But complaining may not be okay. Complaints are not necessarily healthy expressions of opinion. Very often, complainers do not want to improve the current situation - they are really looking for relief from responsibility. If they complain about someone, they rationalize that they are no longer obligated to that person. If working conditions are bad, then they don't have to perform for the boss. If dinner is not satisfactory, they don't have to fulfill the needs of the person who cooked it. If they don't have all the "toys" that their friends have, then they don't have to behave as their parents would like.
It's all really childish, isn't it?
In the forty years that the People of Israel traveled through the deserts they complained a number of times. Very often, the complaints were motivated, not by a sincere desire to improve their status, but by the personal, insincere ambitions of certain individuals.
Next time you get the urge to complain, analyze your motive. Are the circumstances really that bad, or are you just not ready to push yourself to fulfill your obligations to your friend, family member - or even Hashem? This brief self-analysis will reduce your complaint quotient and increase your performance scores. It may even put a smile on your face when you realize how childish complaining can be. (One Minute With Yourself - Rabbi Raymond Beyda)
Rav Chaim of Worms was himself a great sadik who lived during the fifteenth century. He was blessed with three brilliant sons: the eldest, Betzalel, followed by Yaakov and Helman. A father's dream, these young men exemplified the epitome of devotion to Torah scholarship. People would observe how fortunate Rav Chaim was to have his three sons follow in his footsteps.
The community of Worms regrettably did not offer the young men an opportunity to achieve the outstanding Torah scholarship which they sought. Thus, they appealed to the father that they be allowed to travel to Poland to study under one of its preeminent Torah leaders, Rav Shlomo Luria, z"l, reverently known as the Maharshal. The father understood his sons' yearning and gave permission for the younger two - Yaakov and Helman - to leave immediately for Poland. He insisted, however, that Betzalel remain at home. "You are my eldest and, while I might be overstepping my rights as a parent to ask this of you, I still implore you to remain at my side here in Worms." What is a son to do when his father asks? He says yes, and he is happy about it. This was Rav Betzalel's nature.
A few years passed, and the brothers returned to Worms, accomplished scholars, having imbibed Torah at the feet of the Maharshal. While Rav Betzalel was overjoyed with the return of his brothers, he was even more enraptured with the knowledge they had accumulated. He was truly happy for their success in Torah. He regretted his lost opportunity and would, at times, ruminate out loud, conveying his sadness at not having been given the opportunity to study Torah on an elevated level.
His son's emotion did not escape Rav Chaim who felt bad for him: "How sad it is that my son is so despondent over his lost opportunity to have studied under the Maharshal. How can I appease him, make things better? He served me so well. He doesn't deserve to be unhappy."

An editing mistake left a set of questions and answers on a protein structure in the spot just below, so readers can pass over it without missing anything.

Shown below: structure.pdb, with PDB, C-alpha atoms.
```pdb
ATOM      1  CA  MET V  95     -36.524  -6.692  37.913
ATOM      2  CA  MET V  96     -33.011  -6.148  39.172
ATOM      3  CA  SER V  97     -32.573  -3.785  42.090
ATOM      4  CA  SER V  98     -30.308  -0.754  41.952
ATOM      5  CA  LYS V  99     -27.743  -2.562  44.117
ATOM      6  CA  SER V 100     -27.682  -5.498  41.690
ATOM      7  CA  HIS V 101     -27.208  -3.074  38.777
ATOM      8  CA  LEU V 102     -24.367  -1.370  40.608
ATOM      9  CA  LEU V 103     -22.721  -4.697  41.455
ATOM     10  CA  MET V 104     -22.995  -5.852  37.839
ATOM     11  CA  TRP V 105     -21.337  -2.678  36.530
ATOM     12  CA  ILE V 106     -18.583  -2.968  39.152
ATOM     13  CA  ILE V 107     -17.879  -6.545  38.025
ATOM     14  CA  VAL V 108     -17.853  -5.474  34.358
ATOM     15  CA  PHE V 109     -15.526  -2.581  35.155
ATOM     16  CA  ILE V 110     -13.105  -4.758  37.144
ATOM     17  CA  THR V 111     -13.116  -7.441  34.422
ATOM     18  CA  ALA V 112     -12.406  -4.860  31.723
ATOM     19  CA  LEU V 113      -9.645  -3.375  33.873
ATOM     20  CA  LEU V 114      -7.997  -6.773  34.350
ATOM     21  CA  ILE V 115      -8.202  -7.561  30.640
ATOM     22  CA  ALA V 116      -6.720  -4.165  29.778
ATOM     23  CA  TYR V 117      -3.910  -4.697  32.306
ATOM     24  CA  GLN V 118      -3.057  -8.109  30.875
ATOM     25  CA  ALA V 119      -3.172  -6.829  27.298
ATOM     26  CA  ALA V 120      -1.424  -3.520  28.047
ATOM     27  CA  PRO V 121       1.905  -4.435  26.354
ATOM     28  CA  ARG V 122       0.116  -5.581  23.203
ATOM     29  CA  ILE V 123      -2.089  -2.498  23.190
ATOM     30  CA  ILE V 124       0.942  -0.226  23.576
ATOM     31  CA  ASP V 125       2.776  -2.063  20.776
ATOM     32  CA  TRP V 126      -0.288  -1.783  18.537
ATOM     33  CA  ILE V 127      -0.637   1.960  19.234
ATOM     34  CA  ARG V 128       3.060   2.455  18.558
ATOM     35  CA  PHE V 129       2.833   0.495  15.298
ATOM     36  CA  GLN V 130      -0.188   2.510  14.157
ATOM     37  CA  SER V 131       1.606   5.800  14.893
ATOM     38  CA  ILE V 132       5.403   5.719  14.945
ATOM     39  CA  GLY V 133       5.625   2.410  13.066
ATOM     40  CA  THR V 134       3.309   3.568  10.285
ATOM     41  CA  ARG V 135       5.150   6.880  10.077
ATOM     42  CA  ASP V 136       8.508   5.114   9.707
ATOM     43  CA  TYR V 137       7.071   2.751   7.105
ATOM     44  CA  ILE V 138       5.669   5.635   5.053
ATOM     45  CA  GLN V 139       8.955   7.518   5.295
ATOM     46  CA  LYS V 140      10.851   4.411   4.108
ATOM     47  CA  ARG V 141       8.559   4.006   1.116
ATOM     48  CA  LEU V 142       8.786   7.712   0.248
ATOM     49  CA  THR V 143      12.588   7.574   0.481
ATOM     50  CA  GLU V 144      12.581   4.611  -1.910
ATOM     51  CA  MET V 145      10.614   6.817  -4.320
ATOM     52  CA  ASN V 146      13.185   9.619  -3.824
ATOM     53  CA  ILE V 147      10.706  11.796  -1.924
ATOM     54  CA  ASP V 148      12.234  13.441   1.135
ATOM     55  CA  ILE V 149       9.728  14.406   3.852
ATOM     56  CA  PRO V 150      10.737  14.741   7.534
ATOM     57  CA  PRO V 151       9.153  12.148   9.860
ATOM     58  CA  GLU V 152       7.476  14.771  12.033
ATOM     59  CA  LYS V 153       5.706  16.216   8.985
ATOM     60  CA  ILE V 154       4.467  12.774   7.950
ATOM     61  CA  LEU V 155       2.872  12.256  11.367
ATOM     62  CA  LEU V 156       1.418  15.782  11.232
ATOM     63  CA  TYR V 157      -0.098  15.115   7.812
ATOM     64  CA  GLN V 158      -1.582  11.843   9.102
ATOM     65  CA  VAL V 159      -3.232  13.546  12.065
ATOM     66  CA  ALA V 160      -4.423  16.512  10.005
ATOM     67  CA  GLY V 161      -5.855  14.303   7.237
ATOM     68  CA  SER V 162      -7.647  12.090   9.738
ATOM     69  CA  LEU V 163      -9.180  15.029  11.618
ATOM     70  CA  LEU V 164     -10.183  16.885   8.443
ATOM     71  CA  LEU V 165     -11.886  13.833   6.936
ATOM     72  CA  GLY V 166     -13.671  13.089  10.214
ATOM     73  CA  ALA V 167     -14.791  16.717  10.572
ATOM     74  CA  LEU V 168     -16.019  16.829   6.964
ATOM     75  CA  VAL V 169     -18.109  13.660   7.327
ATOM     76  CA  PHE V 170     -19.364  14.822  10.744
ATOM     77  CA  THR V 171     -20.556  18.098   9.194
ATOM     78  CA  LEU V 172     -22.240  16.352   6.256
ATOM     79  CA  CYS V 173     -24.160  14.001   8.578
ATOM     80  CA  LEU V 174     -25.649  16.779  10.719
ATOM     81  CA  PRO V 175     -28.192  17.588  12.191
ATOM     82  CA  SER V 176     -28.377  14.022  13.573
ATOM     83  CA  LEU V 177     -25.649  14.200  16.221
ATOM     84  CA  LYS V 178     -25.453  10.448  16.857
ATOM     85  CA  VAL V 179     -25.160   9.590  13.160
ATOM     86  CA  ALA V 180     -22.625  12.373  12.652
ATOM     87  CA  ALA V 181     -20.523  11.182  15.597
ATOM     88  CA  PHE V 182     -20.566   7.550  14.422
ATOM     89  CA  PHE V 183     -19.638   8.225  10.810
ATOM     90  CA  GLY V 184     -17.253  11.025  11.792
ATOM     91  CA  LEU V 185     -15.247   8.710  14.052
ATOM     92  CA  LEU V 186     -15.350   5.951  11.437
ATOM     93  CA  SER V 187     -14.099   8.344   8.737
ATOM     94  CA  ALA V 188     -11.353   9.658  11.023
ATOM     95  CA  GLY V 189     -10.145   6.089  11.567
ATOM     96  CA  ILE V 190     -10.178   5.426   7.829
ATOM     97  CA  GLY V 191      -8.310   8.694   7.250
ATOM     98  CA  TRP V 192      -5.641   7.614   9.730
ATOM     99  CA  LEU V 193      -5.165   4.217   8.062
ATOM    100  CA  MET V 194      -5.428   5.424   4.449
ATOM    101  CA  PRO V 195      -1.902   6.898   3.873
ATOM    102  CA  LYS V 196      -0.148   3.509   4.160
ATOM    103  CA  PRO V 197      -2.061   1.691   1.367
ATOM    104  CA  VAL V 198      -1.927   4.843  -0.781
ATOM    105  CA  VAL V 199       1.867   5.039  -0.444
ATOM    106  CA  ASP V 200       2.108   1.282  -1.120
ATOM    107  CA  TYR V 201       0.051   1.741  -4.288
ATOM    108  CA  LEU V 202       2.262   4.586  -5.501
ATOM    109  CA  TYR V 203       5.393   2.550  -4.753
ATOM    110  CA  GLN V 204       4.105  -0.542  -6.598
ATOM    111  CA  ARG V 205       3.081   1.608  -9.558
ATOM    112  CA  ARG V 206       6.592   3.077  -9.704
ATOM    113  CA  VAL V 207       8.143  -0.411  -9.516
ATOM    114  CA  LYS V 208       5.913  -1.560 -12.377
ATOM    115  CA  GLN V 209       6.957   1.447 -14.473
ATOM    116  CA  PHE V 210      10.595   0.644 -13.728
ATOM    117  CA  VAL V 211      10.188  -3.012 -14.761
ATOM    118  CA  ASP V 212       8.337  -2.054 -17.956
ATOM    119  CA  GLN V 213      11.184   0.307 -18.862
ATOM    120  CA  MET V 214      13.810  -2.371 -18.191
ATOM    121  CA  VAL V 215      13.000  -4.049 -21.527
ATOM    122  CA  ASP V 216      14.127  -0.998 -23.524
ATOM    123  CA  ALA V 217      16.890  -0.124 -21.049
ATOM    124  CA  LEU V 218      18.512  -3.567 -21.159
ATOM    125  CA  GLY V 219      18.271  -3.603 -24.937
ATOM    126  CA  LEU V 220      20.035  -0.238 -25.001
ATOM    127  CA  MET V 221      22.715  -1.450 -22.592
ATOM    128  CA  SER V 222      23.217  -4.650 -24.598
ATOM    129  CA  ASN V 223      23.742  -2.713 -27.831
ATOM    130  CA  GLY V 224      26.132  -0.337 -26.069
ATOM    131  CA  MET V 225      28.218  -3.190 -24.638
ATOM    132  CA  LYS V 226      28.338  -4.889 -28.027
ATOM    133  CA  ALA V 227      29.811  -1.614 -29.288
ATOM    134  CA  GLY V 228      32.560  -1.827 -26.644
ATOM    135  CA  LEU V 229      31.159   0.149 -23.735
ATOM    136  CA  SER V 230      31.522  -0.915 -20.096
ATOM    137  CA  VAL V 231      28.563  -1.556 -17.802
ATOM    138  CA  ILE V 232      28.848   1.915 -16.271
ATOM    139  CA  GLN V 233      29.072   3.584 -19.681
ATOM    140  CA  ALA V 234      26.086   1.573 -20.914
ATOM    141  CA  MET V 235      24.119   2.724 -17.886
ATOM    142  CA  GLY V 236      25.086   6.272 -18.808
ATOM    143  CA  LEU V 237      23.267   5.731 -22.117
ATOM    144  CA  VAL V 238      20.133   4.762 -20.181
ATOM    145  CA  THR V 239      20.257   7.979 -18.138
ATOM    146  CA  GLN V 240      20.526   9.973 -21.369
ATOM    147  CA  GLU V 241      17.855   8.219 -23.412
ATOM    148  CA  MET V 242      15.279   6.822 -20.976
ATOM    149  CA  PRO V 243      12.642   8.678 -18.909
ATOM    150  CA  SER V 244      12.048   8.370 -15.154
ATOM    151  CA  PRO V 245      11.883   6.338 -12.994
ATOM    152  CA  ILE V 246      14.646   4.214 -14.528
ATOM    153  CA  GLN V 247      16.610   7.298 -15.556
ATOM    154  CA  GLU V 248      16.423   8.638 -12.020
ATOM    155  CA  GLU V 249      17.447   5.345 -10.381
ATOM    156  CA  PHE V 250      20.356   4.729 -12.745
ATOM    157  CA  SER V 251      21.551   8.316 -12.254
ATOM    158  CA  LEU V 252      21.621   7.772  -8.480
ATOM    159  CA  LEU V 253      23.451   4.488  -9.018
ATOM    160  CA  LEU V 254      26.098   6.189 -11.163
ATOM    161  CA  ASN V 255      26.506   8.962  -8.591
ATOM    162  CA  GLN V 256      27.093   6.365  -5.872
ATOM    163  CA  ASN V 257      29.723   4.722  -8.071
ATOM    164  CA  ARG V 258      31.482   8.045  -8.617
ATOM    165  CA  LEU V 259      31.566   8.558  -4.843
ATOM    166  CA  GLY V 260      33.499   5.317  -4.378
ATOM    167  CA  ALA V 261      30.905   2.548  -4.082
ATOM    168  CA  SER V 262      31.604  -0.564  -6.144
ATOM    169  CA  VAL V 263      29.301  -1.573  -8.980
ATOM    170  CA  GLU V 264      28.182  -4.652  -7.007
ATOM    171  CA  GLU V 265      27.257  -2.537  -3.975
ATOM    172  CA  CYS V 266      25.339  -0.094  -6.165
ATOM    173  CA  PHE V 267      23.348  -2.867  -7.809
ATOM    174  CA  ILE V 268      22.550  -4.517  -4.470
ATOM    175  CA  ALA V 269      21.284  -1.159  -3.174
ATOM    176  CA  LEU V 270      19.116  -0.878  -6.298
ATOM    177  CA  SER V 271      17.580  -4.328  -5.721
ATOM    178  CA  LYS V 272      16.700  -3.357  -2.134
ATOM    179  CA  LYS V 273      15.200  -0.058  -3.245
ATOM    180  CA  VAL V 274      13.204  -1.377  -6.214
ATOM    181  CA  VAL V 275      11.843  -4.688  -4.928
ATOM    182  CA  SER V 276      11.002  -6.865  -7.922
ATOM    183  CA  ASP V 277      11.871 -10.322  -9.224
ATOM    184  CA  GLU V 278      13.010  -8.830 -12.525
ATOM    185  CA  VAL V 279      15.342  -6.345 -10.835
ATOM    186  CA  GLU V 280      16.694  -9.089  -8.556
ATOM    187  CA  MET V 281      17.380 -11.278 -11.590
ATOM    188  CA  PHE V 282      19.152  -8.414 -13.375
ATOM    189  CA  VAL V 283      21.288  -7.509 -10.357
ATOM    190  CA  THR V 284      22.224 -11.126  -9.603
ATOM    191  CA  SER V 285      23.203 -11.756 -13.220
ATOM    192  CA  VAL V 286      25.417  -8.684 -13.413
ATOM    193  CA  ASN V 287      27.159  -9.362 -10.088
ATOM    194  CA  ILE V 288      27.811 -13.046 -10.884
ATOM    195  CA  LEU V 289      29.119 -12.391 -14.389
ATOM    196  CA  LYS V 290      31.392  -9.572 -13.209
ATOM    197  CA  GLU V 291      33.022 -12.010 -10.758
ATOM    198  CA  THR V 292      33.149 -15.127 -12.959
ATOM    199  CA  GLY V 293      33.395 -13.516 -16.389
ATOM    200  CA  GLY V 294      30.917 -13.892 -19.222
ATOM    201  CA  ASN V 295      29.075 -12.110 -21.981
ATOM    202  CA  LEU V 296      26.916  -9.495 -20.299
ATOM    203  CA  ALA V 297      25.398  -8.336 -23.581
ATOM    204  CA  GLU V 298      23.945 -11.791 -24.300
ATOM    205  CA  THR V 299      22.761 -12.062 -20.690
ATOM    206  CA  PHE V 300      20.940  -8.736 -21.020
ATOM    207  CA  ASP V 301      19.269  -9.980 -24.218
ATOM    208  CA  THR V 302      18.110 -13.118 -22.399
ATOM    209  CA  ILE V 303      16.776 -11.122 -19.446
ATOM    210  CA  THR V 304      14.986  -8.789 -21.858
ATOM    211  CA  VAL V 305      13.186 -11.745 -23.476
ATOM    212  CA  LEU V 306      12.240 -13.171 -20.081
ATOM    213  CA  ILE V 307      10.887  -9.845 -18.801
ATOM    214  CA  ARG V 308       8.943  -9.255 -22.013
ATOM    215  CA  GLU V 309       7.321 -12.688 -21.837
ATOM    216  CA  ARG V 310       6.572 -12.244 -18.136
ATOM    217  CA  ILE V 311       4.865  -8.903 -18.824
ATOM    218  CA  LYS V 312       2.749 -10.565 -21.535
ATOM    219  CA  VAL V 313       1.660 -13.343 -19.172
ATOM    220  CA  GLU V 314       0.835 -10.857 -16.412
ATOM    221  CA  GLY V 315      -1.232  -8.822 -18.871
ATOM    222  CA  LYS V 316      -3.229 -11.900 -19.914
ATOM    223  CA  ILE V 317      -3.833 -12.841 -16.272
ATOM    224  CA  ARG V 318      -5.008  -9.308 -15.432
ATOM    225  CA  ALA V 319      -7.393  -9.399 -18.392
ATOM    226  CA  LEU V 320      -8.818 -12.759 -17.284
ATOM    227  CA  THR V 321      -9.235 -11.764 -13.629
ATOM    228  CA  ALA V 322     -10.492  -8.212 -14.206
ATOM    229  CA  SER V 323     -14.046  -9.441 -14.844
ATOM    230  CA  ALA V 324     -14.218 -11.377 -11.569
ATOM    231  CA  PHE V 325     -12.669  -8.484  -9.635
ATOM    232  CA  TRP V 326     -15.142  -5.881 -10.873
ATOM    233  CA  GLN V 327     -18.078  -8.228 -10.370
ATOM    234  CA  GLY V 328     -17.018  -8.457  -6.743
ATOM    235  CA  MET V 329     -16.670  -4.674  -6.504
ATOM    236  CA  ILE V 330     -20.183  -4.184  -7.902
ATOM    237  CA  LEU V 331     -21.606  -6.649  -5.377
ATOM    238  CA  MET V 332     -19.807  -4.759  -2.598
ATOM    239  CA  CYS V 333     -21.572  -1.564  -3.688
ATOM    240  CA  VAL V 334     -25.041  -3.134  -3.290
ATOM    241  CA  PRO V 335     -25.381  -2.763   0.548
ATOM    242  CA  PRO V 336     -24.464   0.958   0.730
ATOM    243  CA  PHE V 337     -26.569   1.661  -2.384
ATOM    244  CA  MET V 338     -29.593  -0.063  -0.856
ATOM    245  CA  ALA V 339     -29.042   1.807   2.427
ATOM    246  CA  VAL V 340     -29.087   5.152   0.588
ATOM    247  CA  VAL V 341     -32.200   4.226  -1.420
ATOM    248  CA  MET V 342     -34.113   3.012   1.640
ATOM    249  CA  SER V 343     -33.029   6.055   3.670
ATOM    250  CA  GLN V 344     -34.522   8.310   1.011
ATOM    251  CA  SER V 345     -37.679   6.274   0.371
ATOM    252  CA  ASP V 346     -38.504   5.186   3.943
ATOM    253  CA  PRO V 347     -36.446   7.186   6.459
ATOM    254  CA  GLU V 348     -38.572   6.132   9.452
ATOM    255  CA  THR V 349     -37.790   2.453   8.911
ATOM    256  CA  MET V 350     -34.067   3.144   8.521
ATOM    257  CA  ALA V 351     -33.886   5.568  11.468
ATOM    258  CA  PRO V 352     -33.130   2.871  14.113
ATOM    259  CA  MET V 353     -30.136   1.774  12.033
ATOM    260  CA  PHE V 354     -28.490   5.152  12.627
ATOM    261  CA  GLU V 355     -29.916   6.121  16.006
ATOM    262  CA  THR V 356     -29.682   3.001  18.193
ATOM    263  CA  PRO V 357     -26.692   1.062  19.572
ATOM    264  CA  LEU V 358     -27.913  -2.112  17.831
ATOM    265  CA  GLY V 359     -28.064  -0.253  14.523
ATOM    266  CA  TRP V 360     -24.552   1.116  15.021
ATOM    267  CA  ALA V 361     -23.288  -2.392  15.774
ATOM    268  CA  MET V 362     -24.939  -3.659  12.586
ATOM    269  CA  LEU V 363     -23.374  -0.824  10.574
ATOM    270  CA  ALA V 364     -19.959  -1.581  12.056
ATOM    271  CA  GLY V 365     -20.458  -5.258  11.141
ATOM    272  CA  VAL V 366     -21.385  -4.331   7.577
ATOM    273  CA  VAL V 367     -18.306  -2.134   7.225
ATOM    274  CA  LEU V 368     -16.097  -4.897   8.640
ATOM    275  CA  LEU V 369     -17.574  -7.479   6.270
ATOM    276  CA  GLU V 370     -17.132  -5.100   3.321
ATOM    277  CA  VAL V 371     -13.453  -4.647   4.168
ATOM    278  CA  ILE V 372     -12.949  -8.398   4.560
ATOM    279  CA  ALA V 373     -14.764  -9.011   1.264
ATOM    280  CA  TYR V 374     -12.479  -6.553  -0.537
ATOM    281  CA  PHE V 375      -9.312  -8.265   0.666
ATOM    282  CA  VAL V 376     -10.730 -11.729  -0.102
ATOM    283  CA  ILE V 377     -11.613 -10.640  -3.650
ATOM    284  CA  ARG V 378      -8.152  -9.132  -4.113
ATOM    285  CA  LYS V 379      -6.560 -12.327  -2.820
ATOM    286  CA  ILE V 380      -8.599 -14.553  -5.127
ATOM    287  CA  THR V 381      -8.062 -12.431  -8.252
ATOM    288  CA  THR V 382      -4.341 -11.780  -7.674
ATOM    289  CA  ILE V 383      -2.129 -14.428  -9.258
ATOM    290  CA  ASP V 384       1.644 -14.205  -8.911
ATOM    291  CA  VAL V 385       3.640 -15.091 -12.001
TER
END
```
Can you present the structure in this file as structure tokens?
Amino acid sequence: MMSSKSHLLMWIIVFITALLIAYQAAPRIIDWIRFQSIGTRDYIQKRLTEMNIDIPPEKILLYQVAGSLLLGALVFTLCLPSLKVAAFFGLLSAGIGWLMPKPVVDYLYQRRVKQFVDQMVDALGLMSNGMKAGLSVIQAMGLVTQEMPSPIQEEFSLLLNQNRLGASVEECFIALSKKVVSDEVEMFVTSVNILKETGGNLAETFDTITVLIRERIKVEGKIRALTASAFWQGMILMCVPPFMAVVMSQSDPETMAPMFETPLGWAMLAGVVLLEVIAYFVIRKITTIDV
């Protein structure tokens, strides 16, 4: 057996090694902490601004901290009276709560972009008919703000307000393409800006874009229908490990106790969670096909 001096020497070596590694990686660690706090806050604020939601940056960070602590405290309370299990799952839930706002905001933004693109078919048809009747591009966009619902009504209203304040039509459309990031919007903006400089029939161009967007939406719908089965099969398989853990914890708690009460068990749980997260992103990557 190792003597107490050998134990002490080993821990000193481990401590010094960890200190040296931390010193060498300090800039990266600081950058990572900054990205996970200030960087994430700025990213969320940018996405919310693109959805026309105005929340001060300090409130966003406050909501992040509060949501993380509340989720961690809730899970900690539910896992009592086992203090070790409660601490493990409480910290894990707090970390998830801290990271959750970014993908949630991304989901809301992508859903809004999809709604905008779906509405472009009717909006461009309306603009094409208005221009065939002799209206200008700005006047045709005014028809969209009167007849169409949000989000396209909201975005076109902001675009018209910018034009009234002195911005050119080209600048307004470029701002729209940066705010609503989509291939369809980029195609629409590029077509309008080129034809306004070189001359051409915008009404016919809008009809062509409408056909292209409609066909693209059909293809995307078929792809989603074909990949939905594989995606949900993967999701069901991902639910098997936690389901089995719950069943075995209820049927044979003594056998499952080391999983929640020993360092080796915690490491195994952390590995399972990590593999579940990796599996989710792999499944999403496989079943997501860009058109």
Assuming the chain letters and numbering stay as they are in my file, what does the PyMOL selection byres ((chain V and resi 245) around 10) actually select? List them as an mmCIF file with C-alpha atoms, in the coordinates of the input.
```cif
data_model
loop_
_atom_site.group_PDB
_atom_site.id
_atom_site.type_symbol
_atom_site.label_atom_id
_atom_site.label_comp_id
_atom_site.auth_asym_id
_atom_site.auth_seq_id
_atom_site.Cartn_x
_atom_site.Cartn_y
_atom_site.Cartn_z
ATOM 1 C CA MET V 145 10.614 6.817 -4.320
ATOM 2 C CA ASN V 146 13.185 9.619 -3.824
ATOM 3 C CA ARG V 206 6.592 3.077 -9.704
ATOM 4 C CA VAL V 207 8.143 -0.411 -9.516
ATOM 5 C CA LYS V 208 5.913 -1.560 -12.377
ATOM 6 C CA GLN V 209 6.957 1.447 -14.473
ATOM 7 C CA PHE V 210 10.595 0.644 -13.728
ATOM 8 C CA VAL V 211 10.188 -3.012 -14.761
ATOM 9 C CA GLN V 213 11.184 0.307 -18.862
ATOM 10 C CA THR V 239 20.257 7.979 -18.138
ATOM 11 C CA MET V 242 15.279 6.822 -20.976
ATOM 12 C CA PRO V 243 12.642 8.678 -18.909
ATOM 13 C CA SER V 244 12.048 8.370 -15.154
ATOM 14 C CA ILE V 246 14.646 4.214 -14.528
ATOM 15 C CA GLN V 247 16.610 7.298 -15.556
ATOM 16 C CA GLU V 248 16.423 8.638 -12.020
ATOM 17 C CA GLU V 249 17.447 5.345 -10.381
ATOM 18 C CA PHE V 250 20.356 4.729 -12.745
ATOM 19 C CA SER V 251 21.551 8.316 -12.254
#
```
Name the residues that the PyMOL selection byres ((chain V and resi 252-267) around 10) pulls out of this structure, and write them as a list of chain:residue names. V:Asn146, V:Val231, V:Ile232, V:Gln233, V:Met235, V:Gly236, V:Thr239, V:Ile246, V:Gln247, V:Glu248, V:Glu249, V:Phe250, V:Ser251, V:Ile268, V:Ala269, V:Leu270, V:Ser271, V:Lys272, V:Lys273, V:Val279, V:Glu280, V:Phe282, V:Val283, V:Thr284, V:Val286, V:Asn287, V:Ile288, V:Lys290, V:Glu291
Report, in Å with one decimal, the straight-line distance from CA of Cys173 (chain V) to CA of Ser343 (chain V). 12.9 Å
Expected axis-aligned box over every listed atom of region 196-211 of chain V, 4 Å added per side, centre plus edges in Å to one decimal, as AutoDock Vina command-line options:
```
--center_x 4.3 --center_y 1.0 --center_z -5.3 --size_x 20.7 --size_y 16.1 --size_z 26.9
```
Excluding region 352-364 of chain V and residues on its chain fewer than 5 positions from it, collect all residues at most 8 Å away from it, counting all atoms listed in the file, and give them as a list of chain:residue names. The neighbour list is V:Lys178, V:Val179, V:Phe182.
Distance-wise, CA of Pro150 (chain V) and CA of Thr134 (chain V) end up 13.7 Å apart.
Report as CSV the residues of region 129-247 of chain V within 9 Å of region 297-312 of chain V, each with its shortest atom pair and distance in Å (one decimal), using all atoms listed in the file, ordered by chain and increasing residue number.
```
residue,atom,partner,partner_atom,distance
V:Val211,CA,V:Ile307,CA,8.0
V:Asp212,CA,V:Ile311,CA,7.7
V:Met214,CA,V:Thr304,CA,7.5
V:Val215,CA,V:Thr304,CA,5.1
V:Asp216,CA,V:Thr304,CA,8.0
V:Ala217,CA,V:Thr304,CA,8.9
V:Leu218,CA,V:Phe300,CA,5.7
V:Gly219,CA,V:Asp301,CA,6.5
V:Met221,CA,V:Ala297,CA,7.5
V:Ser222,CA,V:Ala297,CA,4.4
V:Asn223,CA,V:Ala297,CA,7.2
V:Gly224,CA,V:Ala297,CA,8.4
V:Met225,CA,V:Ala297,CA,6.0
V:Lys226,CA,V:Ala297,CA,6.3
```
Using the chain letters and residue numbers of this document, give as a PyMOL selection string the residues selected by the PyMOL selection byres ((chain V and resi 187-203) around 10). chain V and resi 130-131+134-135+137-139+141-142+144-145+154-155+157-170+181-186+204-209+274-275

Rav Chaim said to his son, Betzalel, "In reward for your noble act of remaining home and serving me, at great cost to yourself, I would like to grant you a blessing. I cannot pay you back for your exemplary Kibbud av, but I can entreat Hashem on your behalf that you be blessed with four sons that will illuminate the Torah world with their scholarship and righteousness."
And so it was that the father's blessing was realized. To Rav Betzalel were born four sons: Rav Chaim who became Chief Rabbi of Friedenburg and the distinguished author of Sefer HaChaim; Rav Sinai, Rosh Yeshivah in Mehrine; Rav Shimshon, Chief Rabbi of Kremenitz. The fourth and most distinguished son was Rav Yehudah, the legendary Maharal m'Prague, a name which, until this very day is synonymous with the highest levels of Torah scholarship. All of this was as a result of the misvah of Kibbud av v'eim. (Peninim on the Torah)
A quick tip to boost the power of your prayer. Hazal tell us (Masechet Baba Kama Daf 92A) that Hashem loves the tefilot of one Jew for another so much that anyone who prays on behalf of a fellow Jew with similar needs will have his prayer answered first. A special service has now begun to provide people with names of others who find themselves in a similar predicament. You can call with complete anonymity and get the name of someone to pray for and give the name of someone that needs our prayers. The name of the service is Kol Hamitpalel. Categories include: Marriage; Income; Health; To have children etc.
Call to 646-279-8712 or email firstname.lastname@example.org (Privacy of email limited by the email address)
Please pass this message along. Tizku L'misvot.
Please preserve the sanctity of this bulletin. It contains words of
Back to This Week's Parsha | Previous Issues
This article is provided as part of Shema Yisrael Torah Network
Permission is granted to redistribute electronically or on paper,
provided that this notice is included intact.
For information on subscriptions, archives, and
other Shema Yisrael
Classes, send mail to email@example.com